As part of WEFT this year we have the Slow Stitch Club coming in to teach a workshop on visible mending and darning. We thought this would be a good opportunity to explore the history and traditions of garment mending.
The rise of fast fashion meant a decline in the ‘make do and mend’ which that used to be common when updating or replacing your clothes. If something had a hole in it you would patch it up because the cost of a new garment made repairing a more cost-effective option. As time moved on, the ability to produce clothing more quickly and cheaply meant you’d simply buy a new garment or two to replace the old ones, instead of repairing your own garments. ‘Make do and Mend’ became unfashionable!
According to United Nations Partnership on Sustainable Fashion and the Sustainable Development Goals – ‘Between 2000 and 2014, clothing production doubled with the average consumer buying 60% more pieces of garment compared to 15 years ago. Yet, each clothing item is now kept half as long’.
Mending is now making a comeback though and it couldn’t come soon enough! Before we look at how things are improving lets explore some historical examples and techniques. Historically, mending went right back to early fabric making processes. Before the fabric was even made in to a garment it was being carefully inspected at all stages of cloth production and repaired when needed. Many modern companies have a quality control process that simply means if there is a visible fault then the fabric is sent to landfill. Mills had entire departments of people carefully inspecting every inch of fabric and repairing any faults that could be repaired. By contrast many modern companies have a quality control process which means if there is any visible fault then the fabric is sent to landfill.
Until the 1970’s, the point at which garment production became so much cheaper, invisible mending was very much the aim when repairing garments. It was labour intensive and very skilled requiring you to reuse the warp and weft of a fabric. Darning eggs, darning mushrooms and glove darners were all used to assist in making repairs to an individuals garment.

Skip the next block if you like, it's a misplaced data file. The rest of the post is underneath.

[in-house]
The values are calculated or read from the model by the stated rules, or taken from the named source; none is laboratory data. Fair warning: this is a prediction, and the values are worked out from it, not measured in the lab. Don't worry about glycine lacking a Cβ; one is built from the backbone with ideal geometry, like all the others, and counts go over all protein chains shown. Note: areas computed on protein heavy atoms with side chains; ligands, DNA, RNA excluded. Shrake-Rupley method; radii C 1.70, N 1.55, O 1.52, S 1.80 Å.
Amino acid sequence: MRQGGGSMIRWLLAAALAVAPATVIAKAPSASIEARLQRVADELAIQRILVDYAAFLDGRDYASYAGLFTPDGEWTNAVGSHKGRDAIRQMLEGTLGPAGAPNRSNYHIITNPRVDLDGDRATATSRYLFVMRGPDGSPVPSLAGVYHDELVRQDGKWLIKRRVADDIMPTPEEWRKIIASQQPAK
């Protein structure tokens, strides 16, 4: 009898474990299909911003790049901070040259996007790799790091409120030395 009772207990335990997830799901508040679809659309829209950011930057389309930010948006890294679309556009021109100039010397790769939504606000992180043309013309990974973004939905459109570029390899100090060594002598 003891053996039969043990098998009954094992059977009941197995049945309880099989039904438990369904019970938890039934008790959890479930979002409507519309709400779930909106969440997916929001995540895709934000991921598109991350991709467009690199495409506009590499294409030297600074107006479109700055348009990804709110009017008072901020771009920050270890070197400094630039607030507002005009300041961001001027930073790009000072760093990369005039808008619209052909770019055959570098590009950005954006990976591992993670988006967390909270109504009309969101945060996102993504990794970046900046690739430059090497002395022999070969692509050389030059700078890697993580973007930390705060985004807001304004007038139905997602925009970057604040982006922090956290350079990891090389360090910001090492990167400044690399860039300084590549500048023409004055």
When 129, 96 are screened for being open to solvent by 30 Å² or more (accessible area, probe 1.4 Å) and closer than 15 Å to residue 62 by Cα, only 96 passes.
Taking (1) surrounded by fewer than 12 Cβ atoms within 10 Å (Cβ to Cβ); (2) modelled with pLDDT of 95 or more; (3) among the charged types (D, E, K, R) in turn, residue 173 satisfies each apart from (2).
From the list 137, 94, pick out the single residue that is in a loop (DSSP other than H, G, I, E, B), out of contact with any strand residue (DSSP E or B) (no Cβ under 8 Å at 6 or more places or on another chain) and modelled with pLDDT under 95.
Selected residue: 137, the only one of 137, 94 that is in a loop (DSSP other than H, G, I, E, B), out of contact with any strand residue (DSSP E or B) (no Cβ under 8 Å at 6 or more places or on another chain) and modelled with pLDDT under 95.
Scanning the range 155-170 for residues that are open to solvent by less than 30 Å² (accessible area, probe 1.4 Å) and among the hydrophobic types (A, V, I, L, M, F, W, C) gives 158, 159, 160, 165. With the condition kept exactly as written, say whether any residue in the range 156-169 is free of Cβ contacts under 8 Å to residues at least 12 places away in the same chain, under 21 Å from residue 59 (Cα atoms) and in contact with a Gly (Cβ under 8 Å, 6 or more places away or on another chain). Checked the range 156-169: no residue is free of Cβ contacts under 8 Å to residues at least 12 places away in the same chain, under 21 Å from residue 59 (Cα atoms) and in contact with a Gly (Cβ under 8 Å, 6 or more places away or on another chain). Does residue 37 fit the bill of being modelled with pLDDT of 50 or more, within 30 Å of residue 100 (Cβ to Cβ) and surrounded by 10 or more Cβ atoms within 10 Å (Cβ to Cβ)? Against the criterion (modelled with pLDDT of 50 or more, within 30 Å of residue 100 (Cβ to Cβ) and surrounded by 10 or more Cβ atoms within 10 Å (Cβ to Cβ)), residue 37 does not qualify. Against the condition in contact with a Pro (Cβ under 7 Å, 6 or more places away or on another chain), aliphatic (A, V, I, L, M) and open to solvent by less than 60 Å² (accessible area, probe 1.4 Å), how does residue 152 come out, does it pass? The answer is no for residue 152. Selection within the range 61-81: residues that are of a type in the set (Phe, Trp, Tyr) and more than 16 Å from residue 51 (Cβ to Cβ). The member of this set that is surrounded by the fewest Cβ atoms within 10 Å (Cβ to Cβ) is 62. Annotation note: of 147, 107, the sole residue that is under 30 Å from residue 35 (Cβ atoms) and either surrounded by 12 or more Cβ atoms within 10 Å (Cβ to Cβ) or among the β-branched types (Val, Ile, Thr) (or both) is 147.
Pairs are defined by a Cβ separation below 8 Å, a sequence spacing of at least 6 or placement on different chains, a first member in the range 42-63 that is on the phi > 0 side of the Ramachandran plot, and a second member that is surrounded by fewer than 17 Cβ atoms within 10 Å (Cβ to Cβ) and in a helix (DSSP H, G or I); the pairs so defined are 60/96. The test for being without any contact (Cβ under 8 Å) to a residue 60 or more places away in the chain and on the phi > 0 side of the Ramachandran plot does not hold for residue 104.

A darning kit was essential for any woman to own (with much repair work being carried out by women), regardless of social status. Even many well to do families would make and repair their own garments. Often ladies would take apart garments they no longer wanted and removed parts like collars, cuffs and buttons and reused them when making new garments. We have a garments in our collection that have been converted to a new garment (coat in to a dress for example) and collections of odd items like sleeves and bodice parts that had been removed with intention of becoming something new.
Mending garments slowly became unfashionable – where once it was seen as something that required precise and fine work and was considered a desired skill, now it became a sign of poverty. Repairing garments showed you could not afford to buy new garments to replace damaged ones. Garments were now marketed as being made for one season of wear before they became unfashionable – why repair a top when in 6 months it would be out of fashion?
Things are turning back around though with fast fashion coming under the moral spotlight. With greater exposure about unfair wages, unsafe working conditions, toxic dyes and fabric wastage, fast fashion is becoming increasingly unfashionable. Many people are now starting to see second hand clothes as fashionable with social media influencers making a statement about ‘thrifting’ and rewearing garments. This is even seen on the red carpet – at one point in time it was almost a taboo to been seen on the red carpet or at premieres in the same outfit more than once. Now though, there is a growing movement amongst the stars for wearing the same outfit to multiple events years apart and in some cases even upcycling a garment they wore to one event and transforming it in to something different.
This change in attitude towards garment life has also had an influence on how garments are repaired. Where once the emphasis was on invisible mending, now there is a movement towards visible mending. Making the repair an obvious and overt thing, with colourful threads, decorative stitching and often with contrasting fabric to patch holes. People are starting to wear their repairs with pride.
The Slow Stitch Club will be running a workshop showcasing these visible mending techniques so why not check out the information about their workshop on our Events page.